>> absolutely. the election is over for the republicans. the question is how much are they going to sully themselves. i remember when republicans said character matters and thought bill clinton's treatment of women was a big issue. what you're seeing now is an abandonment of that high moral ground. it's this, it's this massive vortex of lunacy that he's created for sucking other republicans in and whether or not over the next three weeks they're going to go along with this, whether they're going to buy the rigging, whether they're going to pursue this candidate down this rabbit hole of paranoia and misdirection. >> there's also a poll on this question of rigging the election. they asked, could the election be stolen from trump, and you see something what might be a trump supporter versus everyone
else here. strongly agree 41%. strongly somewhat disagree 49%, don't know, 10%. and let's listen so what the ohio republican secretary of state said about this. let's listen to this. >> we have so many safeguards in place in our election system, it's bipartisan. it's transparent. and there's just no justification for concern about widespread voter fraud. >> i actually intend on voting for donald trump, but i'm remorseful or regretful that he's saying things like this, which really undermine the potential that he has as a candidate, they're not the kinds of things that he should be saying. >> that john hugh stead may become a star on november 9th if he's the republican secretary of
state who's willing to say that after the election. >> ohio was the concern in 2004 when john kerry was at the time known to have quietly nursed suspicions that there was some problems with voting machines in ohio that might have cost him the election. so it's not the first time that we've heard about irregularity, but i have to say in terms of the country getting on board with this notion of a rigged election, there is very little evidence to back this up. there is one scholar who has dedicated his career to studying irregularities and among 1 billion votes has only found 31 cases of voter fraud. it is hard to find evidence of this. in that same poll, it was striking to me that 75% of republicans believed that was possible. you have to go back to 140 years to ulysses s. grant.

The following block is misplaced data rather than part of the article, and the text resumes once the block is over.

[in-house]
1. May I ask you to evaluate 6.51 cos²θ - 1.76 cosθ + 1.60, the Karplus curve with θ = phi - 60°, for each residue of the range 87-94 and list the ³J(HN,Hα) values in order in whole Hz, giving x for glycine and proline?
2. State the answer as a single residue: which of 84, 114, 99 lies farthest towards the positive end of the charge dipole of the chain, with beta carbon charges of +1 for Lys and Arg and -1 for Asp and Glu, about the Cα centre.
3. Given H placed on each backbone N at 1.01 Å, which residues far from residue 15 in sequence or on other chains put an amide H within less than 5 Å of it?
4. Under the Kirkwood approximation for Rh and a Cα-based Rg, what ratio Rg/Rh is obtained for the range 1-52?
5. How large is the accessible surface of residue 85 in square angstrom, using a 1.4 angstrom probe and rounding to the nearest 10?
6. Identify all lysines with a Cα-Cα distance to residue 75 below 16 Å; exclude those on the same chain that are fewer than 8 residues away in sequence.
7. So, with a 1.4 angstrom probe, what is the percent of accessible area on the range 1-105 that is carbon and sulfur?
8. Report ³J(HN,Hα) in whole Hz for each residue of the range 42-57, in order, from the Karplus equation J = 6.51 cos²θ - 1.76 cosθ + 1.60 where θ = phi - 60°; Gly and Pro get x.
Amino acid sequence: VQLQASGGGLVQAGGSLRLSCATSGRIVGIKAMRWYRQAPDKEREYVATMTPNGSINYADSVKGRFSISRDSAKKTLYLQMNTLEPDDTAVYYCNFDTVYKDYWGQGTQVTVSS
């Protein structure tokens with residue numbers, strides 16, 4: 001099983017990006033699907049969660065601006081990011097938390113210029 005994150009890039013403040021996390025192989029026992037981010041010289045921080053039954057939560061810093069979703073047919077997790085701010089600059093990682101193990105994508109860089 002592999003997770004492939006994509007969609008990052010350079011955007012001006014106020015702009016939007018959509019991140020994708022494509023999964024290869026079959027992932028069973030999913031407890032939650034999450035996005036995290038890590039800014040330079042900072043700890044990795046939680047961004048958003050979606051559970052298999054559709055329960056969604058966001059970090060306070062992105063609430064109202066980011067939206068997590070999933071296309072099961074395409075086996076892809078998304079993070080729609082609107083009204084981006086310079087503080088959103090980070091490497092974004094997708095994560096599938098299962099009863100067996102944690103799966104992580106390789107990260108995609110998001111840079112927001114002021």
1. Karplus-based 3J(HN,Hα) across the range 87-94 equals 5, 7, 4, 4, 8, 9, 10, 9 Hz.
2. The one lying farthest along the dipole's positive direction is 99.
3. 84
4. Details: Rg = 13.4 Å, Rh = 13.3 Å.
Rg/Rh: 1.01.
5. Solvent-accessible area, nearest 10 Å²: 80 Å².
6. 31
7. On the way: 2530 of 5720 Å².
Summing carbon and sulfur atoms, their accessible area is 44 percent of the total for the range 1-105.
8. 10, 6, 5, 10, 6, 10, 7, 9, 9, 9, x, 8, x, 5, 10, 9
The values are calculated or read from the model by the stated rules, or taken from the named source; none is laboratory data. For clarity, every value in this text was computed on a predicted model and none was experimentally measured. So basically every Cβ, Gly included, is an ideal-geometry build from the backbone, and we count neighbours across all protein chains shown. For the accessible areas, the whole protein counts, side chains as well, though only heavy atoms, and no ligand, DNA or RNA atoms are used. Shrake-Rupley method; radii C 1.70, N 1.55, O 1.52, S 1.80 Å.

even then, americans accepted it. >> republicans, on november 9th assuming hillary clinton wins as you now expect her to, we will be looking to people like john are to address this issue. what do you expect to hear? >> i do think there are legitimate concerns about voter fraud, but this is not what this is about right now. this is about delegitimizing the election, rationaliing his defeat. and i do think there's going to be tremendous pressure on other republicans to say we need a bipartisan moment here to
understand that the peaceful transfer of power is a fundamental part of our democracy. >> thank you both very much for joining us tonight, really appreciate it. >> thanks. coming up, donald trump might have a strategy after all. not a strategy to actually win the white house but a strategy of what to do with his followers, how to make money from his followers, starting on november 9th if he doesn't win the white house. and in the war room tonight, the clinton campaign has a very tough choice, and yes, even when you have a lead, and sometimes a big lead, you have very, very tough choices. do they try to expand the map for democratic victories in traditionally red states or do they stay with the safe choice of fighting the battleground states. that is a tough choice for them to make. oor this.